Some MVAs are difficult to adequately clean and sterilize because they cannot be disassembled sufficiently. Other MVAs can include multiple parts that can be disassembled for sterilizing and disinfecting. However, the parts are easily misplaced or lost when disassembled. Further, a plurality of interfaces must be provided between each of the parts in order to connect the parts together and provide proper sealing to maintain the vacuum in the fluid path extending through the MVA. The plurality of interfaces can harbor tissue and fluid that can be difficult to remove during the sterilizing and disinfecting procedures. There remains a need for an MVA that is economical, safe, effective, and easily cleaned and sterilized.

SUMMARY OF THE INVENTION

There is provided an MVA that is easily cleaned and sterilized.

There is provided an MVA that is less susceptible to material degradation.

There is provided an MVA that can be used safely.

There is provided an MVA that can be made and used economically.

There is provided an MVA that can maintain the vacuum seal along the entire fluid path of the MVA.

There is provided an MVA that can be easy and comfortable to grasp and operate by a user.

There is also provided a medical vacuum aspiration device including an aspiration cylinder and a valve. The valve includes a removable fluid conduit, a valve housing having at least first and second housing portions, means for removably attaching the first housing portion to the second housing portion, and an actuator. The removable fluid conduit can have a first end for attaching to a cannula and a second end for attaching to the aspiration cylinder. The first and second housing portions may define a cavity for removably holding at least a portion of the fluid conduit. The actuator can be coupled to the valve housing and selectively compresses a portion of the fluid conduit to open and close a fluid path defined by the fluid conduit.

There is yet also provided a medical vacuum aspiration device including an aspiration cylinder and a valve adapted for fluid communication with the aspiration cylinder. The valve includes first and second housing portions, a releasable connector, a fluid conduit and at least one conduit clamp. The first and second housing portions each include inner and outer walls. The releasable connector joins the first housing portion to the second housing portion such that the first housing portion and the second housing can cooperate to define a housing having first and second open ends and a cavity defined by the inner walls and extending between the first and second open ends. The fluid conduit can be retained in the cavity when the first and second housing portions are joined by the releasable connector. The fluid conduit can be exposed for removal from the cavity when the releasable connector is released. The fluid conduit can include a flexible conduit portion. The at least one conduit clamp can be movably mounted on one of the housing portions and engagable with the flexible conduit portion to compress the conduit portion.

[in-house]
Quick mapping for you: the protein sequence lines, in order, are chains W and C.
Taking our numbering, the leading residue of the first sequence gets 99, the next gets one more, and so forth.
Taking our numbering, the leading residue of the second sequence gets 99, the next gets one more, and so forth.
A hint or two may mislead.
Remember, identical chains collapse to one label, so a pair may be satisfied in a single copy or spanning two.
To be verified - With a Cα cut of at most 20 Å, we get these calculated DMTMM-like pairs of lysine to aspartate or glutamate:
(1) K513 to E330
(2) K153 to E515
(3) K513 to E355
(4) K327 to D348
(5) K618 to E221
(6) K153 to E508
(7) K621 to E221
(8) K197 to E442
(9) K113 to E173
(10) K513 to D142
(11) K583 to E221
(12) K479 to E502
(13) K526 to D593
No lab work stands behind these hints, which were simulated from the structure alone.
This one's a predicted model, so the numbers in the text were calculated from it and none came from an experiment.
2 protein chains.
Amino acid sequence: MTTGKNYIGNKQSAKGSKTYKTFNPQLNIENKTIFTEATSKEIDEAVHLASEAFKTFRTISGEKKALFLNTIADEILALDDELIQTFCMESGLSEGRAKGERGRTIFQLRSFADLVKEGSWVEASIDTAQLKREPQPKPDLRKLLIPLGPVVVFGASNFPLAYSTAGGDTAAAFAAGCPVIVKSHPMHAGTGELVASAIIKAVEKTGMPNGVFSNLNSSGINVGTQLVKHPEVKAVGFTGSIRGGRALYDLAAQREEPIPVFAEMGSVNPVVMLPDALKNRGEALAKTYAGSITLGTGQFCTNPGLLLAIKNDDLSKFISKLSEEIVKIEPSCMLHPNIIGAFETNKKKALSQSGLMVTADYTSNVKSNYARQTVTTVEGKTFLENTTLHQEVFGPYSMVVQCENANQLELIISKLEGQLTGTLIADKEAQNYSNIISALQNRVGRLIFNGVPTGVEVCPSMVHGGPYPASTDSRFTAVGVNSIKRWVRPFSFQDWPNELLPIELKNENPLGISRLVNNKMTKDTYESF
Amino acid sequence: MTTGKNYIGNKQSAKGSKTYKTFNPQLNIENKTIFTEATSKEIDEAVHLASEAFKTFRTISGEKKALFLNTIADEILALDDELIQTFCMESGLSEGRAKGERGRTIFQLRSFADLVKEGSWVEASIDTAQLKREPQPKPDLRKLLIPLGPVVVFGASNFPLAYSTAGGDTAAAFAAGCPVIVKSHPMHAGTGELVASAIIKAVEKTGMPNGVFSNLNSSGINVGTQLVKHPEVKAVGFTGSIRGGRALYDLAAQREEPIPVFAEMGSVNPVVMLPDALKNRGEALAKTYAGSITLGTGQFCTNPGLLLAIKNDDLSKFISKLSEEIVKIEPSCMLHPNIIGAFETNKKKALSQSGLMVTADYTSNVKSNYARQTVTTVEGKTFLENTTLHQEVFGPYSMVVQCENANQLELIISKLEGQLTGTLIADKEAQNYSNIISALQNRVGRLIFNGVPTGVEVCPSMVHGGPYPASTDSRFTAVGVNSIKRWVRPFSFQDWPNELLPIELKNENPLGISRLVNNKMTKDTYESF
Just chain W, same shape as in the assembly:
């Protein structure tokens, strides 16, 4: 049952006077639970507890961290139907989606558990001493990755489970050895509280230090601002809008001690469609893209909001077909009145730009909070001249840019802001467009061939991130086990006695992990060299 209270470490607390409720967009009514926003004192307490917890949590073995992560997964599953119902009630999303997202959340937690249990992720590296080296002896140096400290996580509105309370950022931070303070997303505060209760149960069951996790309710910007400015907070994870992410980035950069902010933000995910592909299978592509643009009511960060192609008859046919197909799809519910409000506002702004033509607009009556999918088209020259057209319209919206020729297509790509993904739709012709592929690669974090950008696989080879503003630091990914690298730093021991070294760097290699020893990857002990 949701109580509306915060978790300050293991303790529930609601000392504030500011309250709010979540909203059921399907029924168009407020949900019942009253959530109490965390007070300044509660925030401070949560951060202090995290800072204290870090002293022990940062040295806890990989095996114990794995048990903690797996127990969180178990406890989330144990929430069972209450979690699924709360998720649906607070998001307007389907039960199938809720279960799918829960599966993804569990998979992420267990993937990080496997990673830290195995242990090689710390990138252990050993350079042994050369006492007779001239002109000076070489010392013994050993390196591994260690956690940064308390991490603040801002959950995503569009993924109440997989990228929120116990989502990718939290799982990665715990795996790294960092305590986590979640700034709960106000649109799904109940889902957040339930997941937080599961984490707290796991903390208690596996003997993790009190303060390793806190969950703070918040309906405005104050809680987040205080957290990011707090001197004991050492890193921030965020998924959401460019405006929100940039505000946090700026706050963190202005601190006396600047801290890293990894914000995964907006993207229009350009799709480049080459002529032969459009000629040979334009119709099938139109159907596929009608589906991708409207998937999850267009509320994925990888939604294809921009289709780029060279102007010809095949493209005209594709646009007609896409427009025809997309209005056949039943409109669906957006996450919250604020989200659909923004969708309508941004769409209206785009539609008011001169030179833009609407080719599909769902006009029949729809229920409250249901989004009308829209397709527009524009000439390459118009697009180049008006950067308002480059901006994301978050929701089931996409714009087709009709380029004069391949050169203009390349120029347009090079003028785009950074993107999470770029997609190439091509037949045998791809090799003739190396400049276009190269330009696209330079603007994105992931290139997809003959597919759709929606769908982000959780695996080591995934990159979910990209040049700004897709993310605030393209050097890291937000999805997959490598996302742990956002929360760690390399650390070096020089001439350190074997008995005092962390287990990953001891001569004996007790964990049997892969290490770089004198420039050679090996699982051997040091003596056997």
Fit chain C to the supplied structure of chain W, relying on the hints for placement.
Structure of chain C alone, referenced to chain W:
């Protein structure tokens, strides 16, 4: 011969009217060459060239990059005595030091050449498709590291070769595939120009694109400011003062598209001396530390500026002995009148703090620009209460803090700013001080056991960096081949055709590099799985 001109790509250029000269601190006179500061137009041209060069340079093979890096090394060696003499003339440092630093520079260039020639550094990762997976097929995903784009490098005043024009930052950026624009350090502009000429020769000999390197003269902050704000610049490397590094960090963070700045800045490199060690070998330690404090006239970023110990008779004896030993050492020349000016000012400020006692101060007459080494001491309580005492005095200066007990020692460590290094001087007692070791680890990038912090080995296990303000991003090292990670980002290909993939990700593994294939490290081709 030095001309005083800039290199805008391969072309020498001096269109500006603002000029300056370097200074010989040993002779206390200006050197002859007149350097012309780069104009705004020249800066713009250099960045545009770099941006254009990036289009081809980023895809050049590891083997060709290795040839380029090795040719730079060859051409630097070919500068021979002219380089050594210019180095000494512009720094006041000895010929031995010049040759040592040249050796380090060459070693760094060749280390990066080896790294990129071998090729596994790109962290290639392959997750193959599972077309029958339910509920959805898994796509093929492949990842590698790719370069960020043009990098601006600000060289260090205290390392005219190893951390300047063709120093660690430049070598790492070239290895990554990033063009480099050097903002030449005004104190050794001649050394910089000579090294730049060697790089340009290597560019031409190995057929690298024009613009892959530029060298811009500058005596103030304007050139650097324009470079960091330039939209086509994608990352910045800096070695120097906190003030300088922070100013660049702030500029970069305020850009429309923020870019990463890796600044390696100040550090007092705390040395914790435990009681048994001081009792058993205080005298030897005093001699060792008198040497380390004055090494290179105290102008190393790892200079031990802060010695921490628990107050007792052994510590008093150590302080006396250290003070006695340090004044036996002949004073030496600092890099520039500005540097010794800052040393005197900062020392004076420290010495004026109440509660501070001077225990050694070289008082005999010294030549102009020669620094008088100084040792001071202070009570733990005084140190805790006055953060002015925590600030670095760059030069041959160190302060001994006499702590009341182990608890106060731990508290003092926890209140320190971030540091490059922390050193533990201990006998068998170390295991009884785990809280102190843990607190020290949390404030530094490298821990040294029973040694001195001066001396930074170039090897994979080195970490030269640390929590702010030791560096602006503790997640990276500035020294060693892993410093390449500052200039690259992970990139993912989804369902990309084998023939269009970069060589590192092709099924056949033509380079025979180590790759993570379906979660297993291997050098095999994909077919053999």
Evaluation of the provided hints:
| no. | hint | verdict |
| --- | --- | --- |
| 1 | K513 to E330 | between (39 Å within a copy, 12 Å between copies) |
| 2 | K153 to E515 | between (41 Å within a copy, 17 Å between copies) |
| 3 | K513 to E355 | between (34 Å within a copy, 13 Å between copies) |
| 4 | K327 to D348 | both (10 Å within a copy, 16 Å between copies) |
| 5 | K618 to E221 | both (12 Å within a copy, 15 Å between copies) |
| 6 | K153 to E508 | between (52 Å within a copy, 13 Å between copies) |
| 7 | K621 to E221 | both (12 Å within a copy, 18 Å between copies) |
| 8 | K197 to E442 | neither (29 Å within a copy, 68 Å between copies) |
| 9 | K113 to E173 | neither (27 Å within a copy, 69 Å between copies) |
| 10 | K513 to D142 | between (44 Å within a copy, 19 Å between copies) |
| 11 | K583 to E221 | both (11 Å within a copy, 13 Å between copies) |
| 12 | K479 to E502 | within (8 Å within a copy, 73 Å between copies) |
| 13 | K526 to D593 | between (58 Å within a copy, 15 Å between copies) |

BRIEF DESCRIPTION OF THE DRAWINGS

The accompanying drawings, which are incorporated herein and constitute part of this specification, illustrate an embodiment of the invention, and, together with the general description given above and the detailed description given below, serve to explain the features of the invention.

FIG. 1 is a perspective view of an exemplary embodiment of an medical vacuum aspiration device according to the invention.

FIG. 2 is perspective view of a valve of the medical vacuum aspiration device according to FIG. 1.

FIG. 3 is a plan view of a housing of the valve according to FIG. 2 with the housing in the opened position and the fluid conduit exposed.

FIG. 4 is a plan view of the inside of the housing according to FIG. 3 with the fluid conduit removed.

FIG. 5 is a perspective view of the outside of the housing according to FIG. 4.

FIG. 6 is an end view of the housing according to FIG. 4.

FIGS. 7 and 8 are perspective views of the fluid conduit according to FIG. 3.

FIG. 9 is a perspective view of a cap according to FIG. 2.